tripped, the reset circuit times out after approximately 150 ms (100 ms minimum, 200 ms maximum). You may set VTP
to one of the following values:

FM3164/FM31256 devices: 2.6 V, 2.9 V, 3.9 V or 4.4 V (2 bits, VTP1, VTP0 in register 0Bh)

FM3127x devices: 3.9 V or 4.4 V (VTP in register 0Bh, bit 0)

FM31L27x devices: 2.6 V or 2.9 V (VTP in register 0Bh, bit 0)
The other source of trigger for the
pin is the watchdog timer, a free-running, user-programmable timer that can
be set to time out as soon as 100 ms or as long as 3 seconds. The timer settings and VTP trip voltages are stored in
nonvolatile registers, so there is no need to reinitialize these values. For the watchdog timer to trigger a reset, timer
must expire and the watchdog enable (WDE = 1, register 0Ah, bit 7) bit must be set. The timer may be restarted at
any time within the timeout period by writing 1010b to the Watchdog Restart register (register 09h). To conserve
power, the watchdog counter may be disabled by writing 11111b to the watchdog timeout register.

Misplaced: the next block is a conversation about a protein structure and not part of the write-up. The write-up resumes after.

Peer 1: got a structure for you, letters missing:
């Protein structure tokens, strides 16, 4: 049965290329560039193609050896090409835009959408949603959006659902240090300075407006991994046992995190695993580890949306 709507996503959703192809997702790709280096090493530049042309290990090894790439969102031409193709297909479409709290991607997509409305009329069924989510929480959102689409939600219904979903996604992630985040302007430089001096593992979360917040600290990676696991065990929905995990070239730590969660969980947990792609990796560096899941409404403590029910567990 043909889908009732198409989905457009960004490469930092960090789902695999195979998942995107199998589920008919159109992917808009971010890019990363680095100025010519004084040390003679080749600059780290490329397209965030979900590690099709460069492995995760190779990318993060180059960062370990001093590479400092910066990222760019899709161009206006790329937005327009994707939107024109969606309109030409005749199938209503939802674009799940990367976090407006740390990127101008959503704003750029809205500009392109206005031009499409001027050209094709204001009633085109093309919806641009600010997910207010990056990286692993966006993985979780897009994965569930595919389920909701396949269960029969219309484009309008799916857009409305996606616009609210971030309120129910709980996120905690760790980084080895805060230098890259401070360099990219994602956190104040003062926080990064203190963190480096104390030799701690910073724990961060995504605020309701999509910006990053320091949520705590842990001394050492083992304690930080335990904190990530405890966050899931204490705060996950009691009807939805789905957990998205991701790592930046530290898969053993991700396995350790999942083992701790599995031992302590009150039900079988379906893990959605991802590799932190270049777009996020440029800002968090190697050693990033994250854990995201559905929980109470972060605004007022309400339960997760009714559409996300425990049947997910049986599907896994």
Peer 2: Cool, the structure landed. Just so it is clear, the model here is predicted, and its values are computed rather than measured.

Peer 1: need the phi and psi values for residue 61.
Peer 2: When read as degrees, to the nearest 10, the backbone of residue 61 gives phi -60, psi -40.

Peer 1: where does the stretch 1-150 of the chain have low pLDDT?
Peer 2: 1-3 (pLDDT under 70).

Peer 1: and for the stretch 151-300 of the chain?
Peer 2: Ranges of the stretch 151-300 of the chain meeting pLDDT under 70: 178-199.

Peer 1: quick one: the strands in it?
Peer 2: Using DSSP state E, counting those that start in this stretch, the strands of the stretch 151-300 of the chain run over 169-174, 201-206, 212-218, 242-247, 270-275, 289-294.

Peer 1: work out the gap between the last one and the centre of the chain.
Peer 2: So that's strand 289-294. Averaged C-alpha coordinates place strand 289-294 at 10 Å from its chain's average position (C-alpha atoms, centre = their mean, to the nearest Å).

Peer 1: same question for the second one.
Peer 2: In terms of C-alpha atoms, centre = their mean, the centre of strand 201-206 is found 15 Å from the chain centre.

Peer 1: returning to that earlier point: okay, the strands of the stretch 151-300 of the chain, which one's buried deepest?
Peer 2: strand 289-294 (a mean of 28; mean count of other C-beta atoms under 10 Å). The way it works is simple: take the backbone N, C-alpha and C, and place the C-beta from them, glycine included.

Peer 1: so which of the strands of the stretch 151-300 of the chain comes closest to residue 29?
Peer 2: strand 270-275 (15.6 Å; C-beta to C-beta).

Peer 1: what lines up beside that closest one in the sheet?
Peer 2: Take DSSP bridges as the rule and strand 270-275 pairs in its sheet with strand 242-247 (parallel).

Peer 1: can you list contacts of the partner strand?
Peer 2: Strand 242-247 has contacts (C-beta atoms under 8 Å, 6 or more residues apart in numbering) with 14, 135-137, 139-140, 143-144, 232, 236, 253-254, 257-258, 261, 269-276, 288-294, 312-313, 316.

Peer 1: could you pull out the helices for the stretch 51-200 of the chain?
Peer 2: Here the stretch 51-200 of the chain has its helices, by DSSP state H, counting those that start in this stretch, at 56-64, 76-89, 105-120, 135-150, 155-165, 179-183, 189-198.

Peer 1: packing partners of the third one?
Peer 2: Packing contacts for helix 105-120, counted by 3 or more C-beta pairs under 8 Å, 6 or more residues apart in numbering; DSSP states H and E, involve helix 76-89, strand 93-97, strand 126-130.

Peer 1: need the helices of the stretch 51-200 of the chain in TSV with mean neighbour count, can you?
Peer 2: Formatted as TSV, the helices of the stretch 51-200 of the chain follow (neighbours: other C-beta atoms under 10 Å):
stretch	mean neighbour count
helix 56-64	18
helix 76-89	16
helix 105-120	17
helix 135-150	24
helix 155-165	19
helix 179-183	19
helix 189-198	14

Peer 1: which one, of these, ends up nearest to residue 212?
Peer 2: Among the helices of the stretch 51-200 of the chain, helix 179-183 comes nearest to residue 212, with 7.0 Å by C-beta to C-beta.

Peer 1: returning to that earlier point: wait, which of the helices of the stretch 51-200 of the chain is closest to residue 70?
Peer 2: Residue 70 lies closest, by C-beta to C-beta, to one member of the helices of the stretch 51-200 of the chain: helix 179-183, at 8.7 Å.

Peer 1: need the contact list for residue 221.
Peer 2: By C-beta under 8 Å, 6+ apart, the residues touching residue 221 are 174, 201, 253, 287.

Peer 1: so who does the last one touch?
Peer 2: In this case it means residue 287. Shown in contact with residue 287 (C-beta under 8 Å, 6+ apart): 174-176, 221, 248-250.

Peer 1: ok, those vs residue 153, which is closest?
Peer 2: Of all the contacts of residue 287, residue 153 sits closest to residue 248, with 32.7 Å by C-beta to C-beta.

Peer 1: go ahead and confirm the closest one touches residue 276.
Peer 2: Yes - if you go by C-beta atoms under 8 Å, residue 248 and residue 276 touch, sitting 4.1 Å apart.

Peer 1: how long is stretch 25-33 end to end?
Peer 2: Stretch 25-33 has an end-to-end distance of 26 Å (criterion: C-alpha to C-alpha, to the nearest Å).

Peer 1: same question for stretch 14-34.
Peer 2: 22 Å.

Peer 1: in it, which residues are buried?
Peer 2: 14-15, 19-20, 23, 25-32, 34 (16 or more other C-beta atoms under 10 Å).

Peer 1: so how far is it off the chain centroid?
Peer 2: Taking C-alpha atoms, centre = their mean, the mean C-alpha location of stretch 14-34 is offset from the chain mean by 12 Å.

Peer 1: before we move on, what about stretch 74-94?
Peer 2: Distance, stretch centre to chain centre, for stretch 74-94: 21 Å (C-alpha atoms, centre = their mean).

When a reset condition occurs, the device will set one of two flags to indicate the source of the reset in the register
09h: WTR and POR. These bits are battery-backed during power-down. After power is restored, the system host can
read these bits to determine the cause of the reset. The host must clear these bits with a separate write instruction
after reading them.
Tip During system prototyping and debug, you can clear the WDE bit and still see the watchdog function in action by
reading the WTR flag. A watchdog timer value is set, for example, to 01101b or 1.3 seconds. The cleared WDE bit
2
avoids driving the
pin LOW and locking out the I C interface for a watchdog timer fault, yet you can read the
WTR flag in register 09h to see if the software has a problem.
A manual hardware reset may be provided in the system by simply connecting a momentary contact switch to the
pin. The pin detects an external LOW input condition and responds by driving the signal LOW for 200 ms
(maximum). This effectively filters and debounces a reset switch. Note that in all reset (
) cases, the FM31xx
2
internally blocks all I C interface traffic and aborts any pending write accesses to the F-RAM array. A reset (
) that
occurs before all eight data bits and an ACK are received will cause the write to abort. However, write accesses that